I’m just back from a few days in South Dakota, adopted land of my mother’s family. The time with my first cousins was just as family time should be and the reunion with more distant cousins likewise. Then there’s my ongoing exploration of the family tree and the grandparents and cousins that go back…and back…and back.
Now I am considering ‘extended family’ in a whole new way—in layers and branches and trees. The first layer grandparents, parents, siblings, children, and grandchildren. Enough family, right? But then it turns out the second layer, aunts, uncles and cousins, may be even more fun…the connections strong but the problems just a little more distant! You don’t have to fight with them in that annoying sibling way, but you can share endless family gossip and stroll familiar graveyards, reminisce over souvenirs from another time and eat too many cookies.
Not to belabor this extended family/ancestry obsession I have right now—with so much Norway ahead in which to explore all of the roots and branches—but this is a travel blog and I just traveled to South Dakota. So before the Big Trip I feel compelled to make a post or two about extended family as that term relates to the South Dakota cousins and this particular trip.
Ole O. Floren and his brother, Lars, immigrated to Minnehaha Country, South Dakota from Trondheim, Norway in the 1880s as young ambitious men determined to make their way in this new world. The little research I have done so far on Ole, my grandfather, is that he worked extremely hard and managed to establish a prosperous farm in the Sioux River Valley near Baltic, South Dakota. He died in 1909 when my mother, Ovidia Mathilda Floren, was only two years old. She said she always remembered him holding her.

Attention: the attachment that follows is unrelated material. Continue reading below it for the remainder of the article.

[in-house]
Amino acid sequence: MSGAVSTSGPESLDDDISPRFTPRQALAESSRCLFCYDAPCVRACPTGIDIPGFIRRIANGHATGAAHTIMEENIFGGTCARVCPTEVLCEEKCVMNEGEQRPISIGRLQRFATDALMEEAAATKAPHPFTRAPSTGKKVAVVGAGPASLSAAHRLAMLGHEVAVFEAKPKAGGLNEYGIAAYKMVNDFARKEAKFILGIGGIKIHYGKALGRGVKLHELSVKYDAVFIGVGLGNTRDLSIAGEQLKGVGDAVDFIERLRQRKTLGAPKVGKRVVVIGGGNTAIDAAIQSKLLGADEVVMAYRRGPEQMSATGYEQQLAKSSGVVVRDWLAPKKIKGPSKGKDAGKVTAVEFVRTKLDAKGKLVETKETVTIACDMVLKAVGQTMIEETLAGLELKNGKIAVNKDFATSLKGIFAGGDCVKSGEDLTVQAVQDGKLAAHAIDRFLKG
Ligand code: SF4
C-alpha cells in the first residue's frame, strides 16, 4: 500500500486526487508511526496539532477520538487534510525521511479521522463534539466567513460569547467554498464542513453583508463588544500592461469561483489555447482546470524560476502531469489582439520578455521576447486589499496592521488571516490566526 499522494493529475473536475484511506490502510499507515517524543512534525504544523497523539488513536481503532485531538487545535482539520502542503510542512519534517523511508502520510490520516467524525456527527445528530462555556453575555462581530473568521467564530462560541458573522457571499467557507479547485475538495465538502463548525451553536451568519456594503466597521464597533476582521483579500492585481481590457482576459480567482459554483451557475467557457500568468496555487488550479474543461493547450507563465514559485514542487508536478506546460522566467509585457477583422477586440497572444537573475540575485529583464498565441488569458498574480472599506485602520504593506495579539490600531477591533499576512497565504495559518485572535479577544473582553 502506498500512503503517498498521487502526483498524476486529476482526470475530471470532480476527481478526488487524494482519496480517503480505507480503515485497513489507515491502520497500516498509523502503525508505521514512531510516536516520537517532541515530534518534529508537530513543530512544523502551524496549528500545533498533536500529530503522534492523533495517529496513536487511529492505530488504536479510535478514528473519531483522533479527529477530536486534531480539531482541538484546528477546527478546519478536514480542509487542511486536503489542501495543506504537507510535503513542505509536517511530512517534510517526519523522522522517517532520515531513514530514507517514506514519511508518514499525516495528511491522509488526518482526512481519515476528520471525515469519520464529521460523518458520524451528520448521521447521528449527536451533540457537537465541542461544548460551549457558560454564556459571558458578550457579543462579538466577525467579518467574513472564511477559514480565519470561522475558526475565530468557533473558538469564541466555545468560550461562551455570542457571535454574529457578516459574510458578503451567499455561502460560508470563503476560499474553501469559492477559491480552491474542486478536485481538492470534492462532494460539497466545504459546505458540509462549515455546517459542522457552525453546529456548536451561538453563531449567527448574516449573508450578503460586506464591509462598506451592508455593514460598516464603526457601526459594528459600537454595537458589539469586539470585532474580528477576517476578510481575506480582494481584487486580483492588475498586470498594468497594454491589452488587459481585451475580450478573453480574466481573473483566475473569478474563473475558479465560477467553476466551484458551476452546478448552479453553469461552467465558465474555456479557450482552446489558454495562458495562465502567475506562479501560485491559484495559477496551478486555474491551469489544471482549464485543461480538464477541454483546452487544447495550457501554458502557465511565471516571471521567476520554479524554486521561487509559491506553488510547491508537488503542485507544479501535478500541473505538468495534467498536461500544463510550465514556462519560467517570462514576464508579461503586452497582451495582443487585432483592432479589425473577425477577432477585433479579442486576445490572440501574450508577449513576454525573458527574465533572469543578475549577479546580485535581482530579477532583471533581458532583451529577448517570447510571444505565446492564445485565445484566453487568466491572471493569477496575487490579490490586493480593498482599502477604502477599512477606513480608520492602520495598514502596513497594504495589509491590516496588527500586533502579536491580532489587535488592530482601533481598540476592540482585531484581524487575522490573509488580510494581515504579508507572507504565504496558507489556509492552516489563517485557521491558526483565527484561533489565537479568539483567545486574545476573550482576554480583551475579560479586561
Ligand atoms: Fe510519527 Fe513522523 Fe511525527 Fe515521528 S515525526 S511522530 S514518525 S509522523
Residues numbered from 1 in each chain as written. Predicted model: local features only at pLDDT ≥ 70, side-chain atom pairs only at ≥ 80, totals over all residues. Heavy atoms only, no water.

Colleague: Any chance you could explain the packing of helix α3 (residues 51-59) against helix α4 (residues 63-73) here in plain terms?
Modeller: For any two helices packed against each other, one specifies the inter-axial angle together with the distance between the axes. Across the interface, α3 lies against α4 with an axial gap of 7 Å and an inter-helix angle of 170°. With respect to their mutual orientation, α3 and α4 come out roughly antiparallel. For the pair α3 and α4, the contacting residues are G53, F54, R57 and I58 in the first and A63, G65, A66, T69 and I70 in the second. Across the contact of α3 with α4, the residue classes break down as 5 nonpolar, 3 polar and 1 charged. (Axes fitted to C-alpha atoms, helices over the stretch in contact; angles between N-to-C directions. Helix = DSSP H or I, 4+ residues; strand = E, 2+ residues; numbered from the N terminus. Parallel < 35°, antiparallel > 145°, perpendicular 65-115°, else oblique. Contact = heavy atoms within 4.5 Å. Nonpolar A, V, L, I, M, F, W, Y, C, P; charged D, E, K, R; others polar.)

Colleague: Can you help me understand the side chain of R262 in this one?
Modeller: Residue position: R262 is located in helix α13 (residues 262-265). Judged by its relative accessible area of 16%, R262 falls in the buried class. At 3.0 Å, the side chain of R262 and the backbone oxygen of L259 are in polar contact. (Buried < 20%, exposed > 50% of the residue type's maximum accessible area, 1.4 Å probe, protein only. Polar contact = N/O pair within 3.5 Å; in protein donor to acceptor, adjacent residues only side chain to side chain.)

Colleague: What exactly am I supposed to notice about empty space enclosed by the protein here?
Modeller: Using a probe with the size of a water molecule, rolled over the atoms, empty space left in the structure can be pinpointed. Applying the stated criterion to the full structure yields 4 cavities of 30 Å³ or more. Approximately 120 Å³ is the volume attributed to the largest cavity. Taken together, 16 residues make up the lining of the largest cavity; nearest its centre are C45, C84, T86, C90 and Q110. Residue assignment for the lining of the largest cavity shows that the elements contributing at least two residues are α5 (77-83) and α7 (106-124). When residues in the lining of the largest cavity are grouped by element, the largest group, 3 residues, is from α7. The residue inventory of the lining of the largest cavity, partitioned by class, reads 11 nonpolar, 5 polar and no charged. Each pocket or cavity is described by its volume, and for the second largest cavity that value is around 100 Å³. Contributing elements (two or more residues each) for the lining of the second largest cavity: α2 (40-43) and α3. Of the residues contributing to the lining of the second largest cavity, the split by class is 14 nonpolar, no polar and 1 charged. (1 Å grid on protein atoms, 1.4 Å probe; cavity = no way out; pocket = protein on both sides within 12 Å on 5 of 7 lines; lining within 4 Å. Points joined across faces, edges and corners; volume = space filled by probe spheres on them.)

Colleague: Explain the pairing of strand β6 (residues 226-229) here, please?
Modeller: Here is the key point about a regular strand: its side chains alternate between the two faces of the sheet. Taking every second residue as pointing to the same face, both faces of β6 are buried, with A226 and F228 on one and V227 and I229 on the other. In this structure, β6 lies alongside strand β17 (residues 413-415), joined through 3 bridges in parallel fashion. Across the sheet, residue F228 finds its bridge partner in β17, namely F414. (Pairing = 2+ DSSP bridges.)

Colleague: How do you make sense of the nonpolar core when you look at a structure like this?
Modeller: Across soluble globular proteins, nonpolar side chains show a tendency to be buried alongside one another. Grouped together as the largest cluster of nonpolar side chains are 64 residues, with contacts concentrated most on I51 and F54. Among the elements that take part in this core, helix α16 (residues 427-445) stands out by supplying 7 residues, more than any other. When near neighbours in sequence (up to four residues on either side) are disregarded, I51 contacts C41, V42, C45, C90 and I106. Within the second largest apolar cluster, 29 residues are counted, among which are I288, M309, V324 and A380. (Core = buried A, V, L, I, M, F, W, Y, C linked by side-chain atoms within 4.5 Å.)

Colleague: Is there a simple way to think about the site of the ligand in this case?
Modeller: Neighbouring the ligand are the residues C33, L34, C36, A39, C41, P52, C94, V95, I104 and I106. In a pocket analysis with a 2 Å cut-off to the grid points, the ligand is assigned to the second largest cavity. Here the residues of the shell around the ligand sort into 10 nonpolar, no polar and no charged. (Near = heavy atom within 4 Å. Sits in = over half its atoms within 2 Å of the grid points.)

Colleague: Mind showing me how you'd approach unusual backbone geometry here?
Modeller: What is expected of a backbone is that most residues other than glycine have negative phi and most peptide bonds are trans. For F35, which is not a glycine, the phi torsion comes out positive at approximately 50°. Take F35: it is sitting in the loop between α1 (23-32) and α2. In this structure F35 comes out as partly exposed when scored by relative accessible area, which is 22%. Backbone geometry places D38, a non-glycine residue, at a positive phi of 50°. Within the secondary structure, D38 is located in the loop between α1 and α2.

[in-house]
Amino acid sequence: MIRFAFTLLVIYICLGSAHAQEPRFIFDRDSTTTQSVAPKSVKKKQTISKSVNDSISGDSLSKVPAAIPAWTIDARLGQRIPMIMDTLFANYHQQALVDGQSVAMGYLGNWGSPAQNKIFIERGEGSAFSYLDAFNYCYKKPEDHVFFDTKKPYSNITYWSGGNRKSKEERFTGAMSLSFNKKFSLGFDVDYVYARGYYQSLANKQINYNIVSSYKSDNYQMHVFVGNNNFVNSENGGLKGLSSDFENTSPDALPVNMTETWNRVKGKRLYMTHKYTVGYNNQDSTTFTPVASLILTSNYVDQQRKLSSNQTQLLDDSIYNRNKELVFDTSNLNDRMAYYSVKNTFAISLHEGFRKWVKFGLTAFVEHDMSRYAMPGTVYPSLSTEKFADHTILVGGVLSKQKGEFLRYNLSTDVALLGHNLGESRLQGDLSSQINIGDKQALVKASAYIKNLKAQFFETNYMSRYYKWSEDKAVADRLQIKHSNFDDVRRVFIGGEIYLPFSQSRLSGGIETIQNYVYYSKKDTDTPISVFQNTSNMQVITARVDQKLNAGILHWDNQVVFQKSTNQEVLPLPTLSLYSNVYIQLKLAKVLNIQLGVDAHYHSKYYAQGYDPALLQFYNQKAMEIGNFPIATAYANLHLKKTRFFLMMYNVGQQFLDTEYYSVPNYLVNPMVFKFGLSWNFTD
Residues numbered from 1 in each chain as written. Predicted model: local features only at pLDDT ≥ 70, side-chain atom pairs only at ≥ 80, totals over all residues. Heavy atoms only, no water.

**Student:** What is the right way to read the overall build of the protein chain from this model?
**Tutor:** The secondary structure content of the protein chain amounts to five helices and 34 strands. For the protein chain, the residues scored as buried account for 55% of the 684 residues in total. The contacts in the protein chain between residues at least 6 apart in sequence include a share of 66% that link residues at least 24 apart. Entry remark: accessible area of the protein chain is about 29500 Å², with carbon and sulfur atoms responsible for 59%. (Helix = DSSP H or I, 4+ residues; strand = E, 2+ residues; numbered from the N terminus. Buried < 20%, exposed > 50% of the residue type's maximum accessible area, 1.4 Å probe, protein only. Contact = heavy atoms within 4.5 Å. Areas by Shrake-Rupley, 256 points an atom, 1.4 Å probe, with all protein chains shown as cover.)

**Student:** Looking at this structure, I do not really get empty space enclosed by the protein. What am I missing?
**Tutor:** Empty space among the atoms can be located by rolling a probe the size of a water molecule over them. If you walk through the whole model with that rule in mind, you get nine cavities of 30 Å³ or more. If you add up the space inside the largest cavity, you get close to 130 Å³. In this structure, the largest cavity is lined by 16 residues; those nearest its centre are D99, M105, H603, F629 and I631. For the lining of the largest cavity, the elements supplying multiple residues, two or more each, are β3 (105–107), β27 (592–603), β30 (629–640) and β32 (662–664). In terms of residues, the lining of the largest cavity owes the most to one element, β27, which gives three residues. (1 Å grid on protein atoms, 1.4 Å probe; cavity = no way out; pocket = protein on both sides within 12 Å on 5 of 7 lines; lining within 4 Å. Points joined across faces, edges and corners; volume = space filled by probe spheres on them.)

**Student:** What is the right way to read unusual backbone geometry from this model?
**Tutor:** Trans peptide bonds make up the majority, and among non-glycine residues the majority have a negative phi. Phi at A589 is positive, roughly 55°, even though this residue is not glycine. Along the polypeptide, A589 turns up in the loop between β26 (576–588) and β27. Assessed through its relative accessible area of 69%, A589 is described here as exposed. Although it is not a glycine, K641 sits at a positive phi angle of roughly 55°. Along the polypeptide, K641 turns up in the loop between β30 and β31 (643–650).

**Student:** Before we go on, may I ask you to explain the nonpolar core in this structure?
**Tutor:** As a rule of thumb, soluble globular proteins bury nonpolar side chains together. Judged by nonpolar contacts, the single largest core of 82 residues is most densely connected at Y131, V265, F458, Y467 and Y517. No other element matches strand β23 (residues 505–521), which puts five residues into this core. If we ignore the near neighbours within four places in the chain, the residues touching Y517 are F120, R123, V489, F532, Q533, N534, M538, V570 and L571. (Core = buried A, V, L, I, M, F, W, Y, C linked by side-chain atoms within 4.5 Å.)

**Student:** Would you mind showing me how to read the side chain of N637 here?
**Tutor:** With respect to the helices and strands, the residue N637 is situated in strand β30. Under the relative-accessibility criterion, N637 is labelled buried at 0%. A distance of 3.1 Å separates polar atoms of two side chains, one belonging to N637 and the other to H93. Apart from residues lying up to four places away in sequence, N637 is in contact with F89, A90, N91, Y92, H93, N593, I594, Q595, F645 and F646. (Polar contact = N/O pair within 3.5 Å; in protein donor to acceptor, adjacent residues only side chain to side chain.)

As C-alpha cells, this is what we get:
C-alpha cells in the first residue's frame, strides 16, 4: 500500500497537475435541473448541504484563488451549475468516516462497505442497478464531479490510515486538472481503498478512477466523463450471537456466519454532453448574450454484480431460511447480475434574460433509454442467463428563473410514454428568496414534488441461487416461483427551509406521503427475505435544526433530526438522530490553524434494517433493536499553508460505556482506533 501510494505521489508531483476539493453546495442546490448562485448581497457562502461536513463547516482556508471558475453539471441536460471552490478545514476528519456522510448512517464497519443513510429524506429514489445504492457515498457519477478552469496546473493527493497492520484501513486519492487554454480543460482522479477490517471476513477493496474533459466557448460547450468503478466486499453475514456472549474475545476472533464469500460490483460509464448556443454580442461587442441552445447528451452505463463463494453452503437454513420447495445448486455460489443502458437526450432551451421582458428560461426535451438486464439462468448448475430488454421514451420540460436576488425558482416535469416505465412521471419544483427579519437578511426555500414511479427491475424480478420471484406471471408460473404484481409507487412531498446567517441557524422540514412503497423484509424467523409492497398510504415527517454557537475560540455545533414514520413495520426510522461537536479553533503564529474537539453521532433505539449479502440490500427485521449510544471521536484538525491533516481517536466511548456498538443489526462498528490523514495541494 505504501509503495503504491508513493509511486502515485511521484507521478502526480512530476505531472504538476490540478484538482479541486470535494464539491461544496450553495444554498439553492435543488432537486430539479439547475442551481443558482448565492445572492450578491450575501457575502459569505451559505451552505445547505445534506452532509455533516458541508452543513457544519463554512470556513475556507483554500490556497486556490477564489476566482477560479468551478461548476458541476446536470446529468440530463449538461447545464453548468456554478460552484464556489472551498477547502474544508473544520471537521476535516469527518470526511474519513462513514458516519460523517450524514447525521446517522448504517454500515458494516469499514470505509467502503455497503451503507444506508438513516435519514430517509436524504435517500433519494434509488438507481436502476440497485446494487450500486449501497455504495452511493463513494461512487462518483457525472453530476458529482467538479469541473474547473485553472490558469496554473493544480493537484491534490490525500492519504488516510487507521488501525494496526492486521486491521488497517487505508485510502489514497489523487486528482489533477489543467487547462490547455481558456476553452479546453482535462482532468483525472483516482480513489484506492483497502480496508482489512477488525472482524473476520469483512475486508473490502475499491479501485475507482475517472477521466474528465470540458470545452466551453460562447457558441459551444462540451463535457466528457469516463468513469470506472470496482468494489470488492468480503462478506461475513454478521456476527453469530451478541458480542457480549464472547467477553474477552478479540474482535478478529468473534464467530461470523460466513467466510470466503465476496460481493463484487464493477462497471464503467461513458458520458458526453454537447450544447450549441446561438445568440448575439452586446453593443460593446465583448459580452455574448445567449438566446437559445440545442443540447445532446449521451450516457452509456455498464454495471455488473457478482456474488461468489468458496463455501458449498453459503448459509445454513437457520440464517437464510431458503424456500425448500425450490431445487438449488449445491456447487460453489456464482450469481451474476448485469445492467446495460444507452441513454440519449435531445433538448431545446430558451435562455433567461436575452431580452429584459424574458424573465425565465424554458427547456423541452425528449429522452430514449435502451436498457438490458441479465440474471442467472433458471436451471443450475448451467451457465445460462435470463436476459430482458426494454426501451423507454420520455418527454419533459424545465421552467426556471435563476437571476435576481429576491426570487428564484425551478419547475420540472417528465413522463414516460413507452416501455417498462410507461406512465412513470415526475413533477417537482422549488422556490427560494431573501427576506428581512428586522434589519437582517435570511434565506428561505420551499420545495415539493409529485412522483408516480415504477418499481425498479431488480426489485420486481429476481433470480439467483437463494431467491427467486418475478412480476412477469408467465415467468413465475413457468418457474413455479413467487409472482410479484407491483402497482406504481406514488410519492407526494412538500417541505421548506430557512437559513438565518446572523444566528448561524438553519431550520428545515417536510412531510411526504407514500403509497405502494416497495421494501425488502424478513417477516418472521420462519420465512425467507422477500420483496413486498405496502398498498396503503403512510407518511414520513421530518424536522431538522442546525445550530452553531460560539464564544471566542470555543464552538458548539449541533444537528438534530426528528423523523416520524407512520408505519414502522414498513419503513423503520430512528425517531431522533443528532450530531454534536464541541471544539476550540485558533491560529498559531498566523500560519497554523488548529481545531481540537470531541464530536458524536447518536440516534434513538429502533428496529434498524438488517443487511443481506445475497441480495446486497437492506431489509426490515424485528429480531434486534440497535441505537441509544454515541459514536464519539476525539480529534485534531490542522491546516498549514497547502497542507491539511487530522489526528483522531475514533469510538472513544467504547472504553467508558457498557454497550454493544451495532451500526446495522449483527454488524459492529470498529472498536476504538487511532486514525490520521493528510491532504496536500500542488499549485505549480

Ole’s entire family eventually immigrated as well, including his sister, Bergitta Olsdatter Floren, who would marry Ingebrigt Aasen and found the Aasen family—whose reunion my cousins Vivian, Marty and I attended on this South Dakota trip.
My mom’s paternal lineage goes like this—from Ole O. Floren to Ole Larsen Floren to Lars Olsen Floren to Ola Olsen Storflor (Floren) Tangvoll to Ola Erikson Almli Tangvoll to Erik J.L. Almli (born 1672). My second cousin once removed, Kirby Aasen, has done substantial research so this is almost certainly correct. This won’t get me into the DAR (Daughters of the American Revolution) but then, given the way I feel about this country right now, I much prefer heading back into history with Leif Erikson and his dad, Erik the Red, born in Norway May 4, 950, who died in Greenland after founding the first Norwegian colony there.
I am finding this research into my ancestry and subsequent old and new connections with family enormously interesting and also somehow reassuring in its timelessness. Births and deaths and, if we’re lucky, lots of potlucks in between.